Youth and elderly inspire community with food project

2016-06-08 06:00
          PHOTOS: THABANG MATHEBULA Einah Ntombela (front) with Sabelo Mbense and Lindokuhle Magwaza inside the tomato hothouse, which they will soon harvest from.

PHOTOS: THABANG MATHEBULA Einah Ntombela (front) with Sabelo Mbense and Lindokuhle Magwaza inside the tomato hothouse, which they will soon harvest from.

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THE youth and the elderly joined hands to put food on their tables in a mutually beneficial project.

A young township man is taking the lead in his community by helping elderly­ people run a profitable tomato hothouse.

Lindokuhle Magwaza (21) was inspired to grow tomatoes from a young age while visiting gogos in Imbali township, who were tending to tomato plants.

He would assist when his school ­schedule allowed, helping them load crates of tomatoes during harvest.

During his gap year after matric, Magwaza saw the opportunity he had been waiting for and started assisting the elderly full-time.

He got a post as an apprentice earlier this year, but said any spare time he gets, he dedicates to the hothouse. Being raised by his grandparents in Imbali, Magwaza had learnt that farming is a source of bringing food to the table.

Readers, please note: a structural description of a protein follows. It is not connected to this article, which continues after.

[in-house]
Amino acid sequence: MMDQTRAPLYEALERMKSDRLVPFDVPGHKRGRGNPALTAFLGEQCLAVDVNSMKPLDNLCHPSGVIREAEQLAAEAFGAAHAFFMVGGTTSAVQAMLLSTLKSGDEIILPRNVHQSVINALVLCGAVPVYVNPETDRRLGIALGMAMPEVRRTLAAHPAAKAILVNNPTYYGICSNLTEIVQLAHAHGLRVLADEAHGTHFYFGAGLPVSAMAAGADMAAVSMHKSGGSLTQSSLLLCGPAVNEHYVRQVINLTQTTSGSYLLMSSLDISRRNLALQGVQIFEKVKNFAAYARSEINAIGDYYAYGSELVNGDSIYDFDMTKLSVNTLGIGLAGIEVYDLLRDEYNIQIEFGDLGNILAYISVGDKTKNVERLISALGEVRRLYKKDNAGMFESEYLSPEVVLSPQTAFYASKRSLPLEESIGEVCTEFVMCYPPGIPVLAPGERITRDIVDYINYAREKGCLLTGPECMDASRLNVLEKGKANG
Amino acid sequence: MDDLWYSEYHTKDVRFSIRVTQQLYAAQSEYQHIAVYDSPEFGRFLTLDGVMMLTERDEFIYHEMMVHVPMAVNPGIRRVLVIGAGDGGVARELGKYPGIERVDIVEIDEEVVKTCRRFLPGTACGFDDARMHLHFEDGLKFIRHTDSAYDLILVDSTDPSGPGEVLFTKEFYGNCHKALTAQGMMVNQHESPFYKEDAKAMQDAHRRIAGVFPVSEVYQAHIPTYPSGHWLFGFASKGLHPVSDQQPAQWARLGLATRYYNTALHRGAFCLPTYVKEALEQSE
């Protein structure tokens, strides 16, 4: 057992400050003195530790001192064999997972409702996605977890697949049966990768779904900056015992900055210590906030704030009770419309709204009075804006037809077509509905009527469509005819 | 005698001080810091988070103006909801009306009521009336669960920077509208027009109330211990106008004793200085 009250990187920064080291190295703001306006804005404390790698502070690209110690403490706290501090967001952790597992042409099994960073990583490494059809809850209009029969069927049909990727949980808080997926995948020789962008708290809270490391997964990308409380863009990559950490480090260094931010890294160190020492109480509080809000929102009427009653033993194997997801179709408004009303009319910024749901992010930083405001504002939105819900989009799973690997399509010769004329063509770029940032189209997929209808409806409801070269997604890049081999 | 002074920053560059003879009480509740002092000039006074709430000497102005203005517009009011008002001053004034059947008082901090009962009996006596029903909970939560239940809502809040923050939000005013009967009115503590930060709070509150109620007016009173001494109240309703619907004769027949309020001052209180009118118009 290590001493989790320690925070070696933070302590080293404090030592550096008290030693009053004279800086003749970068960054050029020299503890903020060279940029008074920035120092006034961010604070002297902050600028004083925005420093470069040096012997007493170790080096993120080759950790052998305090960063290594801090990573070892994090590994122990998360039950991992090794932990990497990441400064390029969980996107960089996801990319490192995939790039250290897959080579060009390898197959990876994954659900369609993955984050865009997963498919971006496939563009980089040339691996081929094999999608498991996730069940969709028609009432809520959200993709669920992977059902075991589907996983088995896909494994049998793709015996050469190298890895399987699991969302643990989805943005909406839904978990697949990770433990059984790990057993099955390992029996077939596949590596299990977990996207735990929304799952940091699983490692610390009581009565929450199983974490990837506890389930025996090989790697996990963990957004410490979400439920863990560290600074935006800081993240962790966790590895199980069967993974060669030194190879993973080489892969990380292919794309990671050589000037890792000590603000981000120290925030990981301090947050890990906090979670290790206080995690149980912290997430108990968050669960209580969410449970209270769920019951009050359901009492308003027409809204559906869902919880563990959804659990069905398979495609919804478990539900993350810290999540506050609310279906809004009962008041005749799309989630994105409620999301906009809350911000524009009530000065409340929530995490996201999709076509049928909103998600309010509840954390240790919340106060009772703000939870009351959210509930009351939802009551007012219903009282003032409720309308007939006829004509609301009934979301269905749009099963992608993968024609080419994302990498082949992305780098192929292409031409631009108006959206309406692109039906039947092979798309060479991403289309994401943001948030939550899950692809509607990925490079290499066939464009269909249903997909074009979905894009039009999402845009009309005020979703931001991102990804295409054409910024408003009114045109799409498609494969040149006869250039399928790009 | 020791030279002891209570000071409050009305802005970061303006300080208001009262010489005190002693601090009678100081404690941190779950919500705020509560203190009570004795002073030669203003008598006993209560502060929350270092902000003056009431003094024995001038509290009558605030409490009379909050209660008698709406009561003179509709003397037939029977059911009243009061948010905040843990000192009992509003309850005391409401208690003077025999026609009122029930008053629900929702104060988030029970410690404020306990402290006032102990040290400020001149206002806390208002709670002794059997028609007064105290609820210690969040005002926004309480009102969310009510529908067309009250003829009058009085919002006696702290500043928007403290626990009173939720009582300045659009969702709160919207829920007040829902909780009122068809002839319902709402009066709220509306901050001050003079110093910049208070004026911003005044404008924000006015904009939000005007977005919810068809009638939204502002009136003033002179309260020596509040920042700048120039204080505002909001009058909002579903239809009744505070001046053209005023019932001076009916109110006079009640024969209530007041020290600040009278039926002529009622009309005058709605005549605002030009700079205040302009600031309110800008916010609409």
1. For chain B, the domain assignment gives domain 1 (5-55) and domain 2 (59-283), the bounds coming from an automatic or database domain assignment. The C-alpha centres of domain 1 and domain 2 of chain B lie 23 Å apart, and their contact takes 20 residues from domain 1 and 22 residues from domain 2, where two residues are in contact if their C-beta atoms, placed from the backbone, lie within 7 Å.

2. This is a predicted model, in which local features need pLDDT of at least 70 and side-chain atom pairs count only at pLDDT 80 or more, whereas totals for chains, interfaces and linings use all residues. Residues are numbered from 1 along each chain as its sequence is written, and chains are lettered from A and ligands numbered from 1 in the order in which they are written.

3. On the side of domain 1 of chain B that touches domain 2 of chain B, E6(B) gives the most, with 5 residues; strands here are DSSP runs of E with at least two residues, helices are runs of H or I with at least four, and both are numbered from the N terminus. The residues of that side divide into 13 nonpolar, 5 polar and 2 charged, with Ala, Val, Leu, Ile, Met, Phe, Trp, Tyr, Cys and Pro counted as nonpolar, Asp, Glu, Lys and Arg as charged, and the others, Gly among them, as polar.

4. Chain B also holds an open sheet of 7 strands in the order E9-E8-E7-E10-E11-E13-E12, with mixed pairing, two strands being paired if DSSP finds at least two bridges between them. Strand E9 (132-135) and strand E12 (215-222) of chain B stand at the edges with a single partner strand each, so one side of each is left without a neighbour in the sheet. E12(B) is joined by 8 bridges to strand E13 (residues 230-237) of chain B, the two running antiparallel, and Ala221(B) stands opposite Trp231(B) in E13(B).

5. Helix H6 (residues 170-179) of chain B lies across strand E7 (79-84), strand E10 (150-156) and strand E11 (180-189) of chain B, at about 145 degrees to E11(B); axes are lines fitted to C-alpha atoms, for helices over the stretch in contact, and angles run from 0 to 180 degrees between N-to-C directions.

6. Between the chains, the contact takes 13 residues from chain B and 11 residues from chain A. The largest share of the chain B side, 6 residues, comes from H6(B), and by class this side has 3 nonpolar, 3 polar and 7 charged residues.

“I believe that this project will bring a lot of change and hope to the community there. There is a lot of unemployment in the area and the youth have given themselves to drugs,” he said.

“It is a dog-eat-dog world out there because of the scarcity of jobs. This kind of community project is aimed at uplifting the community and teaching people skills.

“If we get funding to expand this site and have more tunnels, many young people could learn skills here. They can even start their own projects.”

The tomato hothouse started operating 11 years ago and was run by the elderly people in the area, who in return inspired a new generation of subsistence farmers, like Magwaza.

Magwaza said he envisaged growth for the Ixhibo (food store house) project.

Einah Ntombela (70), is one of the four elderly women who run the project, along with Ntobizodwa Sosiba­, Louisa Buthelezi and Nomfazwe­ Nxele.

Magwaza’s sister, Nontokozo, has also came on board with Zuziwe Buthelezi­. Ntombela said Magwaza was only a child when he started “playing at the hothouse site”.

Ntombela said there are challenges faced by the project.

“The first tunnel we acquired came out of our own pockets, then Eskom came to the rescue and donated three more,” she said.

Ntombela said tomatoes produced from the hothouse supply local spaza shops and markets and the community buys directly from them if they find them to be too expensive at the spaza shops.

“We need money for special chemicals­ to treat the plants against insects, to pay the electricity and water­ bills and buy sawdust,” she said.

Ntombela said they would welcome any help they could get.

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